The results are in from the Sao Paulo Grand Prix and Sprint – George Russell took his first win and Mercedes’ first win of the season – and a few big names are missing from the top 10…

How it works

  • Our five-judge panel assesses each driver after each Grand Prix and scores them out of 10 based on their performance over the weekend – leaving machines out of the equation.

  • Our experts’ scores are averaged and the average of those scores is used to produce the power rankings leaderboard laid out below.

Read more: 5 winners and 5 losers from the Sao Paulo Grand Prix


George Russell had a momentous weekend in Sao Paulo. He finished third and won on Saturday Sprint After a brief tussle with Max Verstappen, who defended brilliantly but couldn’t get those medium tires to work at 100km. On Sunday, Russell started from P1 on the grid, leading all but five laps en route to his maiden Grand Prix victory and the team’s first of 2022. The judges gave him a perfect score.

Read more: Why Red Bull had no answer for Mercedes and Ferrari in the Sao Paulo GP


Lewis Hamilton held off most of the field in wet-dry-wet conditions to finish eighth on Friday, but the seven-time champion did better by finishing third behind in the sprint. Penalized driver Carlos Sainz, to ensure a front row lock for Mercedes on Sunday. At the Grand Prix, Hamilton led five laps, avoided a collision with Verstappen and supported his team-mate in a stunning one-two.

Read more: ‘It wasn’t clear we were going to do it until the end’ – ‘Extremely proud’ Wolf Russell on how close he came to winning in Sao Paulo


Sainz was not the happiest driver coming into the weekend as he had a five-place grid penalty for the Grand Prix, meaning his P5 in qualifying and P2 in the Sprint would turn into P7 on Sunday’s grid. But the Spaniard made it to P3 in the first 10 laps. Bulls – Sainz finally felt like he had the smooth weekend he’d been waiting for.

Read more: Sainz relishes ‘great battle’ on podium as Leclerc clears Brazil team pecking order question


If Sainz was busy, Fernando Alonso was equally unhappy going into the Grand Prix. A collision with team-mate Esteban Ocon led to Alonso receiving a five-second penalty in the sprint – for which he started seventh – but he gradually worked his way into the top 10 on Sunday from 17th. From there, the two-time champion’s pace was more than enough for several points and he was allowed to pass Ocon late in the race to take the Red Bulls P5 at the checkered flag.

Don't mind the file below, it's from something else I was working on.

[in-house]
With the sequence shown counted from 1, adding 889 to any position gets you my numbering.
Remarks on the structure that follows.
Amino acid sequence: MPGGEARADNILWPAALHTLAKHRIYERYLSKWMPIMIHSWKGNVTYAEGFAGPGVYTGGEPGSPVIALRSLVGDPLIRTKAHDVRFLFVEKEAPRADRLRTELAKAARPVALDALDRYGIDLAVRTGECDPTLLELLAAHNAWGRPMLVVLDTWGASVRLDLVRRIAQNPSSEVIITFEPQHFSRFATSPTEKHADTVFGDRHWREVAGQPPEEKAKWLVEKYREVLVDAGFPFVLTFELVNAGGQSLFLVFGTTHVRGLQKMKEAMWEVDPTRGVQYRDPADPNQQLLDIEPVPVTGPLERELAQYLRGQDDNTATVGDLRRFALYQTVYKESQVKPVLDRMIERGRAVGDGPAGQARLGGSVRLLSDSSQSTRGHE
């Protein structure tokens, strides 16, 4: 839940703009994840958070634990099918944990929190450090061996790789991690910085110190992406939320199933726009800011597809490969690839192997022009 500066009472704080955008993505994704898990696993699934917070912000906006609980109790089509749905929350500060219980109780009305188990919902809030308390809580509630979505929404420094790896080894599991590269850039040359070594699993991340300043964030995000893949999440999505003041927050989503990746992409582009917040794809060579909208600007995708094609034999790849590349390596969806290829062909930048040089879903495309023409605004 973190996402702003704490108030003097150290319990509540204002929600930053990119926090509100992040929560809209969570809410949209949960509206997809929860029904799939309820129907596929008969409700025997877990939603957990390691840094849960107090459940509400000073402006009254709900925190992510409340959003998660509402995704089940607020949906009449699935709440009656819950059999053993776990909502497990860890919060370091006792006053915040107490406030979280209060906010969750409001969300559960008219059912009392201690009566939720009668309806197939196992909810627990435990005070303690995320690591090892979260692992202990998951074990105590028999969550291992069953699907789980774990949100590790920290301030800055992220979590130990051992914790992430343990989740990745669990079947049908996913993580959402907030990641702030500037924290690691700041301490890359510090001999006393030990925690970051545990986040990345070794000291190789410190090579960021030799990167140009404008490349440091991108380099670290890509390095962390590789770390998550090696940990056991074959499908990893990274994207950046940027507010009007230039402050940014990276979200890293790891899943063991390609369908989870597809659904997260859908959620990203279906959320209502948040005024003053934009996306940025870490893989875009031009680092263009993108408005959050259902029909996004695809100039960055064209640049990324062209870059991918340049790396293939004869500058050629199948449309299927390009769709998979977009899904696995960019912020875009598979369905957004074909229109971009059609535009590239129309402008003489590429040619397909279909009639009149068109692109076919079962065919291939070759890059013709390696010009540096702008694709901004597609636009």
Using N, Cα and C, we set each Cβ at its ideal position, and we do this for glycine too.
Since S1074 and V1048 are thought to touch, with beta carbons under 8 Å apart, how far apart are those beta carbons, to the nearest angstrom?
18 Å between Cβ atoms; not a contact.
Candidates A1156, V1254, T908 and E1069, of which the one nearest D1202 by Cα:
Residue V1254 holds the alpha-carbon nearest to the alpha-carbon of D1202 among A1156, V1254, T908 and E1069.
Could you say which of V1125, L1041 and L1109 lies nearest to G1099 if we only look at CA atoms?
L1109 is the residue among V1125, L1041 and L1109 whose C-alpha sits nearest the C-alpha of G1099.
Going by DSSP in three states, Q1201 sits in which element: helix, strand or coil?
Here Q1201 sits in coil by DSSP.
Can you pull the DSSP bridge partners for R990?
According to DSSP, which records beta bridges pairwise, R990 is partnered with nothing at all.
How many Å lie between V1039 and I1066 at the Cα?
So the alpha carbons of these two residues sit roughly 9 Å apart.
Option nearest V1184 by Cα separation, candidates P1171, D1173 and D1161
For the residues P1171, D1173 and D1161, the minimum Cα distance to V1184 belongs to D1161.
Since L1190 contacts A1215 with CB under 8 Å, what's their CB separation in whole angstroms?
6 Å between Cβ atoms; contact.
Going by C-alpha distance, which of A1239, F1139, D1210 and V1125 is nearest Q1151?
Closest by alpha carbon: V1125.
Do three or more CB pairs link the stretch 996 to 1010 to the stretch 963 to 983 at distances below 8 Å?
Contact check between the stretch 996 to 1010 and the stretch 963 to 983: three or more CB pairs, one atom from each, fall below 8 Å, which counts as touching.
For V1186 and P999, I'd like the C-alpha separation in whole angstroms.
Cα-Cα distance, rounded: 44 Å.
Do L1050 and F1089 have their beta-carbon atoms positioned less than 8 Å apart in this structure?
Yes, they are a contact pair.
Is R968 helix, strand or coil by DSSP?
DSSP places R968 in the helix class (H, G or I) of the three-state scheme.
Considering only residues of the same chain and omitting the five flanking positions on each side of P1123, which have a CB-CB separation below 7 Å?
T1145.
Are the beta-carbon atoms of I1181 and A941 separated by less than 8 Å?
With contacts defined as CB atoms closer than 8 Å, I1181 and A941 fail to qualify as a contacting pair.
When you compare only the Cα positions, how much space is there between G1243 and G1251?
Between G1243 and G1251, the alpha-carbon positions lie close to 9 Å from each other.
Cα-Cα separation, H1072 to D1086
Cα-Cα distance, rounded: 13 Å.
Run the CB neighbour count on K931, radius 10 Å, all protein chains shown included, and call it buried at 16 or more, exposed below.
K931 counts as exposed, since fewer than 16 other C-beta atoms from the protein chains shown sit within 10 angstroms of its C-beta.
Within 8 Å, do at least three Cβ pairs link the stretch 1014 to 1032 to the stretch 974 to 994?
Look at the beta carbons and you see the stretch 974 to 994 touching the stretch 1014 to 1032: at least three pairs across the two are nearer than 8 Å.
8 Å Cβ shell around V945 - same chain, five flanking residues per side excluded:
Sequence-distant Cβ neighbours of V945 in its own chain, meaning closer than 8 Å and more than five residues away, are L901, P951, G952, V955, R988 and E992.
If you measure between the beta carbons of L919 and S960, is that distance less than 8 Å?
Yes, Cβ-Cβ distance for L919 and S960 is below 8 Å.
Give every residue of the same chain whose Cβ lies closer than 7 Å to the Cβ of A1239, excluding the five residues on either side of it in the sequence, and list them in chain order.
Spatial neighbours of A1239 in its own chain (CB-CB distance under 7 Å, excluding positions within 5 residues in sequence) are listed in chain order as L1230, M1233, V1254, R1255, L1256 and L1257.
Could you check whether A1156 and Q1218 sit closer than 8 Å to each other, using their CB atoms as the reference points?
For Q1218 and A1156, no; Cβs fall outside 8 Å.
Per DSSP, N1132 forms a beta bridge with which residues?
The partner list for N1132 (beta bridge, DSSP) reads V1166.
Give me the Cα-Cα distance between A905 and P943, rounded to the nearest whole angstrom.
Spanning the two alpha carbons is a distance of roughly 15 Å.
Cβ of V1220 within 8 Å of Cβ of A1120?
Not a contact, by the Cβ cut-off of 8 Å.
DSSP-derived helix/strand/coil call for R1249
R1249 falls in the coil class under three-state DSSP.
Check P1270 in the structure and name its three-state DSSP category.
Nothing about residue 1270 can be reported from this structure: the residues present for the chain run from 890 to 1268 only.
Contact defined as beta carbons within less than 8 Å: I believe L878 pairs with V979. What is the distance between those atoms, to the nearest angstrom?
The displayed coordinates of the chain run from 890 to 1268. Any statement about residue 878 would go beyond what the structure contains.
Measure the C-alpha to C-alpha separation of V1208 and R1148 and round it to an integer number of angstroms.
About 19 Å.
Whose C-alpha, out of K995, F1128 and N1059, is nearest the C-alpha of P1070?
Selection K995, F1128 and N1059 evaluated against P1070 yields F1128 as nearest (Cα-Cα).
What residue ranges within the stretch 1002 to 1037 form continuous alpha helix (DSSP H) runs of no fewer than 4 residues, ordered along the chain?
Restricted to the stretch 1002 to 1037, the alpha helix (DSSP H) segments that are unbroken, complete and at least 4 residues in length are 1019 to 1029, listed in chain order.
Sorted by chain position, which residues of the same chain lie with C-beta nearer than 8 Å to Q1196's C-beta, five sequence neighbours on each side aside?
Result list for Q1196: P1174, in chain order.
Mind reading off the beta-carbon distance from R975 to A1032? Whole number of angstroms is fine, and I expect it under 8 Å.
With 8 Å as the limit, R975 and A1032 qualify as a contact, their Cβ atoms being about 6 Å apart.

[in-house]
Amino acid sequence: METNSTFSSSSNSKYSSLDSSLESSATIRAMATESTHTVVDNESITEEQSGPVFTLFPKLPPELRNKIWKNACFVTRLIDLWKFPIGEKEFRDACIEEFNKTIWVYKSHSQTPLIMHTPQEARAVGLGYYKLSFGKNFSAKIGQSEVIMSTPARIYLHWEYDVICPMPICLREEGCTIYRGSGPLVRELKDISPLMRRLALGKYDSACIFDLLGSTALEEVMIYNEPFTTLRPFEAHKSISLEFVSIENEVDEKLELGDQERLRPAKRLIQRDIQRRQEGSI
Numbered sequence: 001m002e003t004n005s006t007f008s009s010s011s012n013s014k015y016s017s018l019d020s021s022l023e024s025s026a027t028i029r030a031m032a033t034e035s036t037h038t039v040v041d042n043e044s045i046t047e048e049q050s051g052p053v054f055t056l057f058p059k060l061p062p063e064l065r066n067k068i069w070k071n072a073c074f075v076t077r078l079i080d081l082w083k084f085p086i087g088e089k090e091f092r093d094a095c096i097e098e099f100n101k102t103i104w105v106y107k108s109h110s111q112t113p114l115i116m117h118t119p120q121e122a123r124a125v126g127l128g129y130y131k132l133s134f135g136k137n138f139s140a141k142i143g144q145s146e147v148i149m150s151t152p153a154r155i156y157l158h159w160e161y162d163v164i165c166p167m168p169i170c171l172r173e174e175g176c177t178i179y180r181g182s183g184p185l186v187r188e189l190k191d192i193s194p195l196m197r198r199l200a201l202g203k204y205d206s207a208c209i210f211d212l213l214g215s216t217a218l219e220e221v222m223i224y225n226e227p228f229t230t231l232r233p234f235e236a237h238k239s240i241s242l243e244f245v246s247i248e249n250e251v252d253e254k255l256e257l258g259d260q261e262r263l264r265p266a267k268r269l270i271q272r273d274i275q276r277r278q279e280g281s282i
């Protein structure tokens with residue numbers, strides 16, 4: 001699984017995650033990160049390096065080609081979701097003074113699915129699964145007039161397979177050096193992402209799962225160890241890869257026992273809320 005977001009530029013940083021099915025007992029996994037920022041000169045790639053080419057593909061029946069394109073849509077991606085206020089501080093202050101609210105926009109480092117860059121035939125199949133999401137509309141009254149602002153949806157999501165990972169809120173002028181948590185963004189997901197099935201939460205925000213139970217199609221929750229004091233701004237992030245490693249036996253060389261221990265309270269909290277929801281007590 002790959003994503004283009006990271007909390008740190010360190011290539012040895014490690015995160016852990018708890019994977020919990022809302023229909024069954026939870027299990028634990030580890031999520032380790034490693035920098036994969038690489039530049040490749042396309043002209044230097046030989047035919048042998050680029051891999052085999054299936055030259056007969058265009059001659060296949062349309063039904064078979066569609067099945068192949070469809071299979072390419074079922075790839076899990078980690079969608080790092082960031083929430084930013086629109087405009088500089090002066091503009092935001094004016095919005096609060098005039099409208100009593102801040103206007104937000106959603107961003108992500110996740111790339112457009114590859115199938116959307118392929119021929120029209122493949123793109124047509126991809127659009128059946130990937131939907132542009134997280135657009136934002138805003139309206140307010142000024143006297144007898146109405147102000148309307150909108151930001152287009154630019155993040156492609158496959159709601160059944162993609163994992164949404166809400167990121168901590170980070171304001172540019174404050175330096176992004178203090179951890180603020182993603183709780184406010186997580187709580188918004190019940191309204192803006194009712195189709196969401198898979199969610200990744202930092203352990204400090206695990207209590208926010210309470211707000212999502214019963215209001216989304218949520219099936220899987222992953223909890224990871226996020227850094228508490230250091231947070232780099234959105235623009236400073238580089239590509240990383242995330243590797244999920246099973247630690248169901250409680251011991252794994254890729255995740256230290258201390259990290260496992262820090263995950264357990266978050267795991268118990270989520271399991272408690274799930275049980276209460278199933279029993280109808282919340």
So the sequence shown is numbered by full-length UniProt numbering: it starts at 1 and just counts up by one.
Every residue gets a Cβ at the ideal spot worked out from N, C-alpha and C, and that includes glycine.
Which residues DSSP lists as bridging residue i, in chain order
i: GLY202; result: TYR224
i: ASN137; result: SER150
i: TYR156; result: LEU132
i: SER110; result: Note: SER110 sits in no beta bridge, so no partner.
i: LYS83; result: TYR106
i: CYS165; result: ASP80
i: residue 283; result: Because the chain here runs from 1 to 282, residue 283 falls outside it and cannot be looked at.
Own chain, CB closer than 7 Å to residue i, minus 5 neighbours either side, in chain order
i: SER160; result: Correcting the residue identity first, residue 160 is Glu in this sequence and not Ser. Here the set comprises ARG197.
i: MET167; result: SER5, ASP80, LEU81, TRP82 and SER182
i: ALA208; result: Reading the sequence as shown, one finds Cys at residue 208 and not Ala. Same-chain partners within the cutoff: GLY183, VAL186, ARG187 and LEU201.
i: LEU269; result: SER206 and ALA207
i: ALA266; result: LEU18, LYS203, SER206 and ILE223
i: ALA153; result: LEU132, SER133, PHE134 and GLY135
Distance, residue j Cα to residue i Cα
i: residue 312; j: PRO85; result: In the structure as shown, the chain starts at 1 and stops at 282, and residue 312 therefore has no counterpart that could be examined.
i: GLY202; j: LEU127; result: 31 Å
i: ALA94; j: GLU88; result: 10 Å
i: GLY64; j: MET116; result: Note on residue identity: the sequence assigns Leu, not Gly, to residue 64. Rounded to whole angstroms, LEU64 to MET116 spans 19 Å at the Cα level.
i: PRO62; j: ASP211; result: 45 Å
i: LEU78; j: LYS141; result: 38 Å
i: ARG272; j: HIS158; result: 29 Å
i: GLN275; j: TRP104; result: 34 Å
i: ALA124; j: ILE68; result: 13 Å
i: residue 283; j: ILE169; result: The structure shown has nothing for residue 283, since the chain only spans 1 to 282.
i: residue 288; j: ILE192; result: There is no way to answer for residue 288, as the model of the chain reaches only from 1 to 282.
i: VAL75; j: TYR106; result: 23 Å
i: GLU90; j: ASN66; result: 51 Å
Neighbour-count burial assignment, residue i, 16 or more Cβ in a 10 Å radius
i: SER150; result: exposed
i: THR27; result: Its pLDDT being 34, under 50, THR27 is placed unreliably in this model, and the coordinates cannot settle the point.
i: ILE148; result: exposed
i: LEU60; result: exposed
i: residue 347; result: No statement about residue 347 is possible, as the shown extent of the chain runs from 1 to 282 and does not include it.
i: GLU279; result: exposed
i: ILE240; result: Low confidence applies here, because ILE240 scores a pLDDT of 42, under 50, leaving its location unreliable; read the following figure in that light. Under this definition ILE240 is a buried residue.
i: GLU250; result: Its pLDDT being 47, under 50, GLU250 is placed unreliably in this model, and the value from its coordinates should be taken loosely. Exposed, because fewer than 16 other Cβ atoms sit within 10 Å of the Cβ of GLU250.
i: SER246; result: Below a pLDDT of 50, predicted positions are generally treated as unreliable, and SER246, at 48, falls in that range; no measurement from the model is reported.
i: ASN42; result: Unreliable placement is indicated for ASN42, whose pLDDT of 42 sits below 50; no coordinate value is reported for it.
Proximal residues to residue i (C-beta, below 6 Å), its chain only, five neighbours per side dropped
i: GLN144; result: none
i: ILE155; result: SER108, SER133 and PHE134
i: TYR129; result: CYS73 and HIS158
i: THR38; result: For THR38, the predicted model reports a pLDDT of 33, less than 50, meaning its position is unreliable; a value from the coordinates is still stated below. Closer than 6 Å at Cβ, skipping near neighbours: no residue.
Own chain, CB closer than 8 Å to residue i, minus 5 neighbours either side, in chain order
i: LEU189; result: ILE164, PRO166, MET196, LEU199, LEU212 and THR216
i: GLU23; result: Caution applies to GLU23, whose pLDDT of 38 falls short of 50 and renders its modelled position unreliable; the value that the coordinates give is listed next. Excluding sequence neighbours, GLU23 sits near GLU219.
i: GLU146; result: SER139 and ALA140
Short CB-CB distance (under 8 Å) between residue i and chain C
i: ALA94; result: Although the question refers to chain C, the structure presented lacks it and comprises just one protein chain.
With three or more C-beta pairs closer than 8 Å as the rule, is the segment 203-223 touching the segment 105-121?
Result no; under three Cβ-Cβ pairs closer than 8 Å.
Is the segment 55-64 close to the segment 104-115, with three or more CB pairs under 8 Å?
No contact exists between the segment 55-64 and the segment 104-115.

Read more: Alonso enjoys ‘perfect Sunday’ in Sao Paulo after storming from P17 to P5


Despite the drama surrounding the Alfa Romeo driver, Valtteri Bottas’ performance did not go unnoticed by our judges. Bottas had a disappointing 18th place and finished 14th in the sprint, but he had plenty up his sleeve. Running as high as fifth in his own Grand Prix, the Finn was unable to hold on to the Alps and Red Bulls late in the race, but finished ninth on a day when the points seemed a long way off.

Read more: What the teams said – Sao Paulo race day


Kevin Magnussen made headlines when he landed his first ever pole position in a spectacular Friday qualifying session, and that went some way to placing him in our Power Rankings 10. The Danish driver was unable to hang on to the lead but settled for eighth, and one point in the sprint. Sunday was much less likely for the Haas driver as he was thrown out of the race on lap 1.

Read more: ‘Lap 1 events brutal’ – Magnussen and Ricciardo reflect on race-final clash in Sao Paulo


Leclerc finished 10th in the order on Friday but finished sixth in a strong sprint, with the Monegasque trying to avoid an unnecessary risk. From fifth on the grid, a collision with Lando Norris dropped him to 18th, but almost put him out of the race, but he soldiered on to get the better of team-mate Sainz at the final safety car restart. P4 Leclerc kept level with Perez in the Stand.

Read more: ‘I’m not here to let everyone pass’ – Norris avoids clash with Leclerc after ‘disappointing’ DNF in Sao Paulo


Sebastian Vettel qualified thirteenth and missed out on a point in the Sprint after placing P9 on Saturday – a result that showed he has the pace to fight for a top-10 spot on Sunday. The four-time champion gave it his all, going third with a different strategy to most of the runners, and was up to seventh before the fatal safety car ruined his hopes of a point in the Grand Prix, falling back to 11th on medium tires.

Beyond the grid: Vettel names F1 ‘biggest natural talent’ as he prepares for final race


Ocon finished sixth on Friday and did not take the blame for Alonso’s collision in the sprint, which earned his team-mate a five-second penalty. The Frenchman started the race in 16th, but made it into the top 10s – but a late restart left him in eighth place at the checkered flag.

Facts and stats: Russell and Hamilton claim first British 1-2 since 2010


Despite suffering from food poisoning, Norris qualified fourth on Friday and dropped to seventh in the Sprint, admitting his aim was to overtake Magnussen. Mission accomplished, but sixth in the Grand Prix He stuck with Leclerc Earlier, he received a five-second penalty for that collision. The Englishman then moved up to eighth, but his progress was curtailed by a loss of power, ending the race on lap 52.

It is missing

Alfatauri finished 12th, 10th in the sprint, while Pierre Gasly was the only driver to miss the top 10 in our power ratings and – with a five-second penalty for pit lane speed – finished 14th on Sunday.

Leader board


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